- Jingning; based on her original article: Yamashita Keigo wins 36th Meijin at Go Game Guru.
Photo: Yamashita Keigo, Honinbo Meijin.
Friday October 28, 2011
Deadline for registering for the 10th World Student’s GO OZA Championship is this Sunday, October 30. The Student’s Oza takes place in Tokyo, Japan February 27 to March 2. Founded in 2003, the tournament is for students throughout the world, and is organized by students. University/college students under the age of 30 can participate in the preliminary rounds on Pandanet, which start on November 6. Click here to register “It was an exciting event and an enjoyable trip,” says Yue Zhang 7D from Ohio, who played in the 9th World Student’s GO OZA Championship. Click here for results from the last event. The championship is organized and sponsored by the All-Japan Students GO Association, Nihon Keizai Shimbun, Pandanet and the Nihon Ki-in.
Monday October 24, 2011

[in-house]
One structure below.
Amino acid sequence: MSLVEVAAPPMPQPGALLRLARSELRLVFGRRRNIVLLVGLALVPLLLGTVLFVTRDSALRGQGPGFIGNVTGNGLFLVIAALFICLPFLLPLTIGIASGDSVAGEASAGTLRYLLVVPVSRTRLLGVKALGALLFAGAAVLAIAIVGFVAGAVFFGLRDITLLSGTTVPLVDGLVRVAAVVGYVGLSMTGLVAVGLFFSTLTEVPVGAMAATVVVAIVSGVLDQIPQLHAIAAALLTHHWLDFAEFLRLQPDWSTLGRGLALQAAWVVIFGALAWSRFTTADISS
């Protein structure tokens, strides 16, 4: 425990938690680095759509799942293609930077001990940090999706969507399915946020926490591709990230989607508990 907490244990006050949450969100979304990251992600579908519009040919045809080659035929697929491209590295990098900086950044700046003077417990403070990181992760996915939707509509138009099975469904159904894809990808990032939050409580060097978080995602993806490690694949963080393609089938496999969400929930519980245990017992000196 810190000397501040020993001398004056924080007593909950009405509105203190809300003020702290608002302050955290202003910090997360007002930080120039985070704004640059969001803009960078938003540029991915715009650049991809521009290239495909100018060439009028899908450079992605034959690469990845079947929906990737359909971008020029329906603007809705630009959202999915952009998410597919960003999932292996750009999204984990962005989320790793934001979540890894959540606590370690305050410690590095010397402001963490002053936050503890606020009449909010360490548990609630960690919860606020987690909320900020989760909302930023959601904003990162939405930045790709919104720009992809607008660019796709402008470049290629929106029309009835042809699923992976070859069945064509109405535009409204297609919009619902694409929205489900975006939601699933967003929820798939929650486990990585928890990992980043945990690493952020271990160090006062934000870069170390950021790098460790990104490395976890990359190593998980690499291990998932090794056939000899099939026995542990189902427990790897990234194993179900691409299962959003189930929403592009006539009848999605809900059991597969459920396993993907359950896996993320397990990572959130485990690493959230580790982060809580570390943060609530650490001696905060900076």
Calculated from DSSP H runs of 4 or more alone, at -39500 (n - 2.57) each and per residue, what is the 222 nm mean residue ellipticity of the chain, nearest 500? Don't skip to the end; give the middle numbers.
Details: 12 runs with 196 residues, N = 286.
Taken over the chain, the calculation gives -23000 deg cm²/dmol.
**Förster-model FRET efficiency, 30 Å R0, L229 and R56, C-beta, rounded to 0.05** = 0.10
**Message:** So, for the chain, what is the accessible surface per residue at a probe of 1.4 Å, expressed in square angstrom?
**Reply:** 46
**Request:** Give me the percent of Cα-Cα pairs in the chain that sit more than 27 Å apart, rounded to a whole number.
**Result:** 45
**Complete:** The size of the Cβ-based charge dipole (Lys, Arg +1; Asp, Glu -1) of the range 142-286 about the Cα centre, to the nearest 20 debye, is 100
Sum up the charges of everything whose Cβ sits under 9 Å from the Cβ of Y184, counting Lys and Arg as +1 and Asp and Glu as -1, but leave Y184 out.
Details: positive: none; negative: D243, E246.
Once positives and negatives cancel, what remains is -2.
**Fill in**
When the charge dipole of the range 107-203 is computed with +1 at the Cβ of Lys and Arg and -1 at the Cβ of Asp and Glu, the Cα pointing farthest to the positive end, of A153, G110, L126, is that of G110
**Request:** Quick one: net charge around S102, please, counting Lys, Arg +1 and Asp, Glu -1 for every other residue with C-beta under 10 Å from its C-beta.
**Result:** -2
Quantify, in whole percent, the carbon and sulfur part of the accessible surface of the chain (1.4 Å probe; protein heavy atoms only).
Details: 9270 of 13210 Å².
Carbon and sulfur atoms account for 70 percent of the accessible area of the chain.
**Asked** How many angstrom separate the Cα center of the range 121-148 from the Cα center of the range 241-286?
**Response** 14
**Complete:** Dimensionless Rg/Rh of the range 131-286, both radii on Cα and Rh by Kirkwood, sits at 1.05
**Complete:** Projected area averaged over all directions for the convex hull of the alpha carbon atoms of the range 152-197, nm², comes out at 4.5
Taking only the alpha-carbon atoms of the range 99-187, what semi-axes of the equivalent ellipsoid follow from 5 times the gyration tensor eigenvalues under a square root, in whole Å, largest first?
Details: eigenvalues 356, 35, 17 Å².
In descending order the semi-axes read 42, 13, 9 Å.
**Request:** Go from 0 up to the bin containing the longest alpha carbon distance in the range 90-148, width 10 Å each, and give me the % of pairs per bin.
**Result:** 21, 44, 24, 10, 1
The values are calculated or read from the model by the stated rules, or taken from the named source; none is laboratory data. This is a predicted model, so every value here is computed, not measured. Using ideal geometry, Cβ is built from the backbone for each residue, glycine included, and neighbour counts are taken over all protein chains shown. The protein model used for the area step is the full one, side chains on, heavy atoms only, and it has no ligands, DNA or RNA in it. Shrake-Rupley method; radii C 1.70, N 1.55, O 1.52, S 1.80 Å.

Japanese American high school students are invited to apply with the Japanese Consulate for a free trip to Japan. “I would like to introduce an invitation program for Japanese-American students by the Ministry of Foreign Affairs of Japan to you. This program invites Japanese-American students to Japan, and promotes mutual understanding between younger generations of both countries through 10 days stay in Japan,” Consul Yanagida of the Japanese Consulate in Denver, announced. Five students from all over the United States will be invited from March 9th to 20th, 2012. American high-school students whose ancestral origins are in Japan can apply to this program. For details, see the Consulate webpage. Residents of any state can apply, but should do so to their local consulates, which are listed here. The deadline is November 30th. - Paul Barchilon, E-J Youth Editor.